When running multiple SQL Server containers on a Docker host we should always be setting CPU and Memory limits for each container (see the flags for memory and cpus here). This helps prevent the whole noisy neighbour situation, where one container takes all the host’s resources and staves the other containers.
But what if we forget to set those limits? Well, no worries…we can update them on the fly!
Let’s have a look. First let’s run a container with no memory limits: –
docker container run -d \ --publish 15789:1433 \ --env ACCEPT_EULA=Y \ --env MSSQL_SA_PASSWORD=Testing1122 \ --name sqlcontainer1 \ mcr.microsoft.com/mssql/server:2019-CU12-ubuntu-18.04
Confirm the container is up and running: –
docker container ls
Now have a look at the stats of the container: –
This container is running on a host with 4GB of RAM so pretty much no limit in place. Let’s add a limit: –
docker update sqlcontainer1 --memory 2048MB
In fact, if you want a better explanation on container limits I recommend you check out Anthony’s post Container Limits and SQL Server
Anyhoo, now let’s have a look at the limits in place: –
Cool! So we’ve set a limit for our running container!
BUT! What if we know how those limits are enforced…can we enforce a limit on a running container without using docker update?
Let’s have a go! First remove the existing container and re-deploy: –
docker container rm sqlcontainer1 -f docker container run -d \ --publish 15789:1433 \ --env ACCEPT_EULA=Y \ --env MSSQL_SA_PASSWORD=Testing1122 \ --name sqlcontainer1 \ mcr.microsoft.com/mssql/server:2019-CU12-ubuntu-18.04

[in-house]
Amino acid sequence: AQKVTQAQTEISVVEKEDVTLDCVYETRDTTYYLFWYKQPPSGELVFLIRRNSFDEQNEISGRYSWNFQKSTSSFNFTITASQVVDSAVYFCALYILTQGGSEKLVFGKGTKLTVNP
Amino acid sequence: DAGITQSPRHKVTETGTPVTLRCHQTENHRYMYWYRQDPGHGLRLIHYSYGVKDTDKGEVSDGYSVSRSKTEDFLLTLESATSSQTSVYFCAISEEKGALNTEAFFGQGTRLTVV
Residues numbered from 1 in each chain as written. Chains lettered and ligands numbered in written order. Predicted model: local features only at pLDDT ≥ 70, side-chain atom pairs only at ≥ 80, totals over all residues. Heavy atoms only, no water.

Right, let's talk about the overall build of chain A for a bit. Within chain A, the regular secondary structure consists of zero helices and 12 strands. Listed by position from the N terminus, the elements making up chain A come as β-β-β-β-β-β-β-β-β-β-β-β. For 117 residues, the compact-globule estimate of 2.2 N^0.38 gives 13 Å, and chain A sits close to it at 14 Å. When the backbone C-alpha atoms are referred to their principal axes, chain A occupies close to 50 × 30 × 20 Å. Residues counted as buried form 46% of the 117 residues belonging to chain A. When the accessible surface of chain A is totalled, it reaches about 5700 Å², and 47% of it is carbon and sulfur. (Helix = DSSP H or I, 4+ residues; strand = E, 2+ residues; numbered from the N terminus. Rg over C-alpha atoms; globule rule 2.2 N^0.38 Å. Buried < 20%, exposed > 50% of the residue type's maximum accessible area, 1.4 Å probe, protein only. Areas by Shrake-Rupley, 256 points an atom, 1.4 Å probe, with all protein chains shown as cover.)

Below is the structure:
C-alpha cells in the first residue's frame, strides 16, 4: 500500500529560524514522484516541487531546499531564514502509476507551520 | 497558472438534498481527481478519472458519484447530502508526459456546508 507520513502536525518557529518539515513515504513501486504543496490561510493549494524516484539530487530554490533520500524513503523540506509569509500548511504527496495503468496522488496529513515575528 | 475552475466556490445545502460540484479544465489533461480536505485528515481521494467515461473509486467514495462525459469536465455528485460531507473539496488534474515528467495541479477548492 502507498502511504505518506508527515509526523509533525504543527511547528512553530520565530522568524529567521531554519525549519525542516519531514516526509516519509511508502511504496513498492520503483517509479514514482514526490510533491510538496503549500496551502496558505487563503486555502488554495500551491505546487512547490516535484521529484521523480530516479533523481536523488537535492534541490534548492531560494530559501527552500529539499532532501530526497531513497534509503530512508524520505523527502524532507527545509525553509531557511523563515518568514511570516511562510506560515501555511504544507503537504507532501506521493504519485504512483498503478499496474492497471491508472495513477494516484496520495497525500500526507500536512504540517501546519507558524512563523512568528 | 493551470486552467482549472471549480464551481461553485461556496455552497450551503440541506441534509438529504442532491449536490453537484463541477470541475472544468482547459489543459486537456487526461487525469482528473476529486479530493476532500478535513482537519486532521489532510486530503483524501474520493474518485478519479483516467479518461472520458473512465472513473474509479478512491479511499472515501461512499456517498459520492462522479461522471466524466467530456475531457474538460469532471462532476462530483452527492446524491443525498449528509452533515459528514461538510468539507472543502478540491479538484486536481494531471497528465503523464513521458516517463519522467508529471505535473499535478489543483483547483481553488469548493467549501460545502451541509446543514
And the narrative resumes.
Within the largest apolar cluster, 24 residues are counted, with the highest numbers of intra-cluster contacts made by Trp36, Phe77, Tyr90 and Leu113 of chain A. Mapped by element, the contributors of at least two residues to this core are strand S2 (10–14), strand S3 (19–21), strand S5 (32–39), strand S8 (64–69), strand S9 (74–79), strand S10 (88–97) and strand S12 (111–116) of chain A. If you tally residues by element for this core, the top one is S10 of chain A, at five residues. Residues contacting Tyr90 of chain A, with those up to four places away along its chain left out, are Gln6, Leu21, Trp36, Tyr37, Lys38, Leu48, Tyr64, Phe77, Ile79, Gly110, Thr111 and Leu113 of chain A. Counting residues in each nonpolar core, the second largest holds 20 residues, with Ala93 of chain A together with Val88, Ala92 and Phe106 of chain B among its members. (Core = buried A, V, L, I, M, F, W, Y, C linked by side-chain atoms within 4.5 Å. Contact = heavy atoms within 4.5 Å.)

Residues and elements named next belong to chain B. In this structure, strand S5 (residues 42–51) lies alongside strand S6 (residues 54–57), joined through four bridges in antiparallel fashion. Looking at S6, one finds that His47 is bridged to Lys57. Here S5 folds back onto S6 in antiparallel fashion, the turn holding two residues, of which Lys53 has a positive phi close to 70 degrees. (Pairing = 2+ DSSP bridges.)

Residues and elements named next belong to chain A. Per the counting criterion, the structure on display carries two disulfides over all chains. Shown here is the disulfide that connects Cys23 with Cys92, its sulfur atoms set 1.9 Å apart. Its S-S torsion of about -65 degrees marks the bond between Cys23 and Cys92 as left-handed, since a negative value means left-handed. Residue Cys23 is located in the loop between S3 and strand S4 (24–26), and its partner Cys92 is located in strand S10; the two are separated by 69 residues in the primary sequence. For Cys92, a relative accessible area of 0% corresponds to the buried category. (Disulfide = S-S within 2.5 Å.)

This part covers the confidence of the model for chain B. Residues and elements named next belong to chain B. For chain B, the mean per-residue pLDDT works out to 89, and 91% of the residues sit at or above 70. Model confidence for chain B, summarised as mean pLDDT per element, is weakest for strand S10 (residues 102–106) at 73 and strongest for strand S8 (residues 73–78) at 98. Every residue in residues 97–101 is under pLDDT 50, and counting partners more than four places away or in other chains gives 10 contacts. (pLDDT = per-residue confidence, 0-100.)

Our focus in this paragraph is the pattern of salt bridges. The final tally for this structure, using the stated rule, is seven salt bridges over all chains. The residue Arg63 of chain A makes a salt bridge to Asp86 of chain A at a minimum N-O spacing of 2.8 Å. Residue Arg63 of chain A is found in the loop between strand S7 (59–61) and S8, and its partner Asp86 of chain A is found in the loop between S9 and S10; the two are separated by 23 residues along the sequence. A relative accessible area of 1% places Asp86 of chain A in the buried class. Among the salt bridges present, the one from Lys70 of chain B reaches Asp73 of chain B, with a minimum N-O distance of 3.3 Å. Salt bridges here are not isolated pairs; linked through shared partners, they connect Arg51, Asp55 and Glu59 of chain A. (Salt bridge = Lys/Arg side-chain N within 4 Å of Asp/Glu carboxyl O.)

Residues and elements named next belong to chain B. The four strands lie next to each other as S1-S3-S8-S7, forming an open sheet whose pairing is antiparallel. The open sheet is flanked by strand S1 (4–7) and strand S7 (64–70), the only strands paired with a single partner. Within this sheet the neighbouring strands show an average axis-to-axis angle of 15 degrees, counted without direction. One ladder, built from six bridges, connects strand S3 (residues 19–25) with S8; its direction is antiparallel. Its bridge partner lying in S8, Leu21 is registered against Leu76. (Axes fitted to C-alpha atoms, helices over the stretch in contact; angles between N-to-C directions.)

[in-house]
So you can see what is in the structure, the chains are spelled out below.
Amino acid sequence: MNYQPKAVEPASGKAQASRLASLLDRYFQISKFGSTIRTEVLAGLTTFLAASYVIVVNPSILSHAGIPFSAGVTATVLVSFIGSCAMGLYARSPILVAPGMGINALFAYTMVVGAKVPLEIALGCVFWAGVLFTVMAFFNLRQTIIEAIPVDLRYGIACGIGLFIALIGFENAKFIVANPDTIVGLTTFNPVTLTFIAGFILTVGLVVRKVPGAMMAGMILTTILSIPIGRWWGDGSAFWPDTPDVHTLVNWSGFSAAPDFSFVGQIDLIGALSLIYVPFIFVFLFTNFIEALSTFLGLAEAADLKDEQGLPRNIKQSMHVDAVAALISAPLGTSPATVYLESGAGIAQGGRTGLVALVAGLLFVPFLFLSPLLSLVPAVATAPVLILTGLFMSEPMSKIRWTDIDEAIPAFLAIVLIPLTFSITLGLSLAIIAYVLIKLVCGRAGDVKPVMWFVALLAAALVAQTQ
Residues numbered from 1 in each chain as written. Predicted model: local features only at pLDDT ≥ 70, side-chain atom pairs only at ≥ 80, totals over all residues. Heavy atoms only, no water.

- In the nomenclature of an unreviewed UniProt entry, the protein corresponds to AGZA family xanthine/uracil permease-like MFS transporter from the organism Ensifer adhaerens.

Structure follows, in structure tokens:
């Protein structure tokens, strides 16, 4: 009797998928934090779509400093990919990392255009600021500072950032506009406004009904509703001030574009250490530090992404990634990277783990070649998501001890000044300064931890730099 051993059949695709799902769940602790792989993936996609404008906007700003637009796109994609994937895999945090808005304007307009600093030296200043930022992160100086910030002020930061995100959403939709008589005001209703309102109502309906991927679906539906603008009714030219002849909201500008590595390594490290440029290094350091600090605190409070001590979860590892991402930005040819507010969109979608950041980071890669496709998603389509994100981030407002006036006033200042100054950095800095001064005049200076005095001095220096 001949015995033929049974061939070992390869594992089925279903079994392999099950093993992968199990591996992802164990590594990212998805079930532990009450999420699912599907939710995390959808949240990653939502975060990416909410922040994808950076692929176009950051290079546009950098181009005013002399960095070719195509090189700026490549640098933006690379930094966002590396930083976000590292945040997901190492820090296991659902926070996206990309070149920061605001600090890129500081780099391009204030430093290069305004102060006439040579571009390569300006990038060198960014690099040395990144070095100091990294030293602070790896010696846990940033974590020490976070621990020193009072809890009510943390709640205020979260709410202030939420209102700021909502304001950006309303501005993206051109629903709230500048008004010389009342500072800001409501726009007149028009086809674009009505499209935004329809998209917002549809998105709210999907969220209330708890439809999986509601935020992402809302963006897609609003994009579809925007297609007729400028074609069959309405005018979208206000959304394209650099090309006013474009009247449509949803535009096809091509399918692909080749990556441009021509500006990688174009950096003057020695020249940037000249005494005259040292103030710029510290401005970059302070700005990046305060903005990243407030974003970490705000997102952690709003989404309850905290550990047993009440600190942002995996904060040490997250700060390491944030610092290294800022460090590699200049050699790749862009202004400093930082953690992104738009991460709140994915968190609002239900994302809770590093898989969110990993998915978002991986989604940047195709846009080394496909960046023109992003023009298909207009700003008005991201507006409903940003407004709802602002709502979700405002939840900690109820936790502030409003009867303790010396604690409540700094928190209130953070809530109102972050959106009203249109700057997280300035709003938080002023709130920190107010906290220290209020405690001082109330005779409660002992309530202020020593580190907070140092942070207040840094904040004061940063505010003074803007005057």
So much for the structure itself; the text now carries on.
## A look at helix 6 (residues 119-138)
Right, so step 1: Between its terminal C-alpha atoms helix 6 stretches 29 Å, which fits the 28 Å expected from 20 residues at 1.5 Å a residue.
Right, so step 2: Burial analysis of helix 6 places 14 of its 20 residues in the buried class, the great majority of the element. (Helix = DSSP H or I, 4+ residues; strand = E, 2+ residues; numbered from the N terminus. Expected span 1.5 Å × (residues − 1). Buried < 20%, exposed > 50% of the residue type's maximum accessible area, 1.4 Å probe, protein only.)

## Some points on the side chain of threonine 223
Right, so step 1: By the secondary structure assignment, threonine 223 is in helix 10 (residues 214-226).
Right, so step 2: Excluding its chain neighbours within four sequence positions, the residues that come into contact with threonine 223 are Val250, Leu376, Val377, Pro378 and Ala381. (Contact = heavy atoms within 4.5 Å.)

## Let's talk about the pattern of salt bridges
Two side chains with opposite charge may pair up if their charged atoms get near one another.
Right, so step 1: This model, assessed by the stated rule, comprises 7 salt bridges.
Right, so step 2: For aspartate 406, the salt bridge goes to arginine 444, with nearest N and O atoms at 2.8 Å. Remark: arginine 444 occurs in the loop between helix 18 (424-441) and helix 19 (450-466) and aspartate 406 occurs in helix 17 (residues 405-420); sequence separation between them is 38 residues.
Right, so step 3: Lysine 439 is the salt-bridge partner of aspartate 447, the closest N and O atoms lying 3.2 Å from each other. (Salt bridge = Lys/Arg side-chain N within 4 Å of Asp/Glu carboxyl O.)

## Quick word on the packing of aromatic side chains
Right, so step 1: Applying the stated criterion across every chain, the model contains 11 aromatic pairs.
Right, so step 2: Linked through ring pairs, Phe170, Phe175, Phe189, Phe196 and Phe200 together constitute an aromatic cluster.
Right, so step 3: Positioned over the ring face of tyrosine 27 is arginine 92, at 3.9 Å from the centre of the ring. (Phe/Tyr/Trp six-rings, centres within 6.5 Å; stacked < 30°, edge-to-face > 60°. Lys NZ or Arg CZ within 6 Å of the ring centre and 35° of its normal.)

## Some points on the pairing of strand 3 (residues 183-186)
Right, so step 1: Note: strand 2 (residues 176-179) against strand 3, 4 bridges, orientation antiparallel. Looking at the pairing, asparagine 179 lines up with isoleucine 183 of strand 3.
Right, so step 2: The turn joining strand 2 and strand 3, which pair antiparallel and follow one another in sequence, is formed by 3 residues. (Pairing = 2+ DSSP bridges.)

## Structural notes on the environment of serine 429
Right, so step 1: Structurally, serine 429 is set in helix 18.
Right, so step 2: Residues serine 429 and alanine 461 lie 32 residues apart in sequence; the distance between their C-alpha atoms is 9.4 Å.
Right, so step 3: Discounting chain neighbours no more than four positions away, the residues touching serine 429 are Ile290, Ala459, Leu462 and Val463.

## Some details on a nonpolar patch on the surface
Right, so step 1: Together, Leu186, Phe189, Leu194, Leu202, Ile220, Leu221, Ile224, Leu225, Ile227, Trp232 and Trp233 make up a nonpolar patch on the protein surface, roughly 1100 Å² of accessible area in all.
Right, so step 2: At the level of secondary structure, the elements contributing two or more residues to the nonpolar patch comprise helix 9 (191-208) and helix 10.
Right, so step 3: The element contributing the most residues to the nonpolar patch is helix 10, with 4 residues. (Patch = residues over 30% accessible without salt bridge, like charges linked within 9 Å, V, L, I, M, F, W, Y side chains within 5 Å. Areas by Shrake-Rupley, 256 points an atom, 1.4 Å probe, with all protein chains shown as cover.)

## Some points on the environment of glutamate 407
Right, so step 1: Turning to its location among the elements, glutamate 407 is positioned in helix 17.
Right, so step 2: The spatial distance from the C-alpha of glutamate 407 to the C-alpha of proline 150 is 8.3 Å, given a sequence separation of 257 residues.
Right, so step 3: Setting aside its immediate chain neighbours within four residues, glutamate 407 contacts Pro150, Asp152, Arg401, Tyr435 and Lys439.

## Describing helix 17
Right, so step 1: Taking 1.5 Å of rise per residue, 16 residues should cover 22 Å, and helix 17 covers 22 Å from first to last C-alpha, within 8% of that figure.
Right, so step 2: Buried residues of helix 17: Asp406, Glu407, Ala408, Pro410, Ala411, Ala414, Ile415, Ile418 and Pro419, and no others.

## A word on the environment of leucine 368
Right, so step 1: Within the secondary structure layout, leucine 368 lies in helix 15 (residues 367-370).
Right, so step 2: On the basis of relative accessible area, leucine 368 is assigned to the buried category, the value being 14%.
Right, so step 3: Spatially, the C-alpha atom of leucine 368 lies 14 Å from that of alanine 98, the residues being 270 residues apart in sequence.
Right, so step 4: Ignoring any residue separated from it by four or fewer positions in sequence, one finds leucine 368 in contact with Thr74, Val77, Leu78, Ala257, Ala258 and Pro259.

Confirm, no limit in place: –
Same as before.
Right, limits on containers are enforced by control groups (cgroups)…when processes are placed in cgroups those cgroups (for memory, cpu etc.) limit the amount of the host’s resources that a process can use.
And that’s all containers really are…just processes running on the host.
So let’s find the cgroup for the memory limit for the container.
First grab the container ID (have to set the limit as root so switching here): –
sudo su CONTAINERID=$(docker ps -aq) && echo $CONTAINERID
Then have a look at the memory control group
find /sys/fs/cgroup/ -name *$CONTAINERID* MEMORYCGROUP=$(find /sys/fs/cgroup/ -name *$CONTAINERID* | grep memory) && echo $MEMORYCGROUP ls $MEMORYCGROUP cat $MEMORYCGROUP/memory.limit_in_bytes
So no limit in place. Let’s set a limit and confirm: –
echo 2147483648 > $MEMORYCGROUP/memory.limit_in_bytes cat $MEMORYCGROUP/memory.limit_in_bytes
Looks good, now let’s check docker stats: –
And there’s the limit in place! Kinda cool…working out how Docker is placing resource limits on containers by using cgroups. If you fancy reading more about how container works, check out my SQL Containers From Scratch blog here.
Thanks for reading!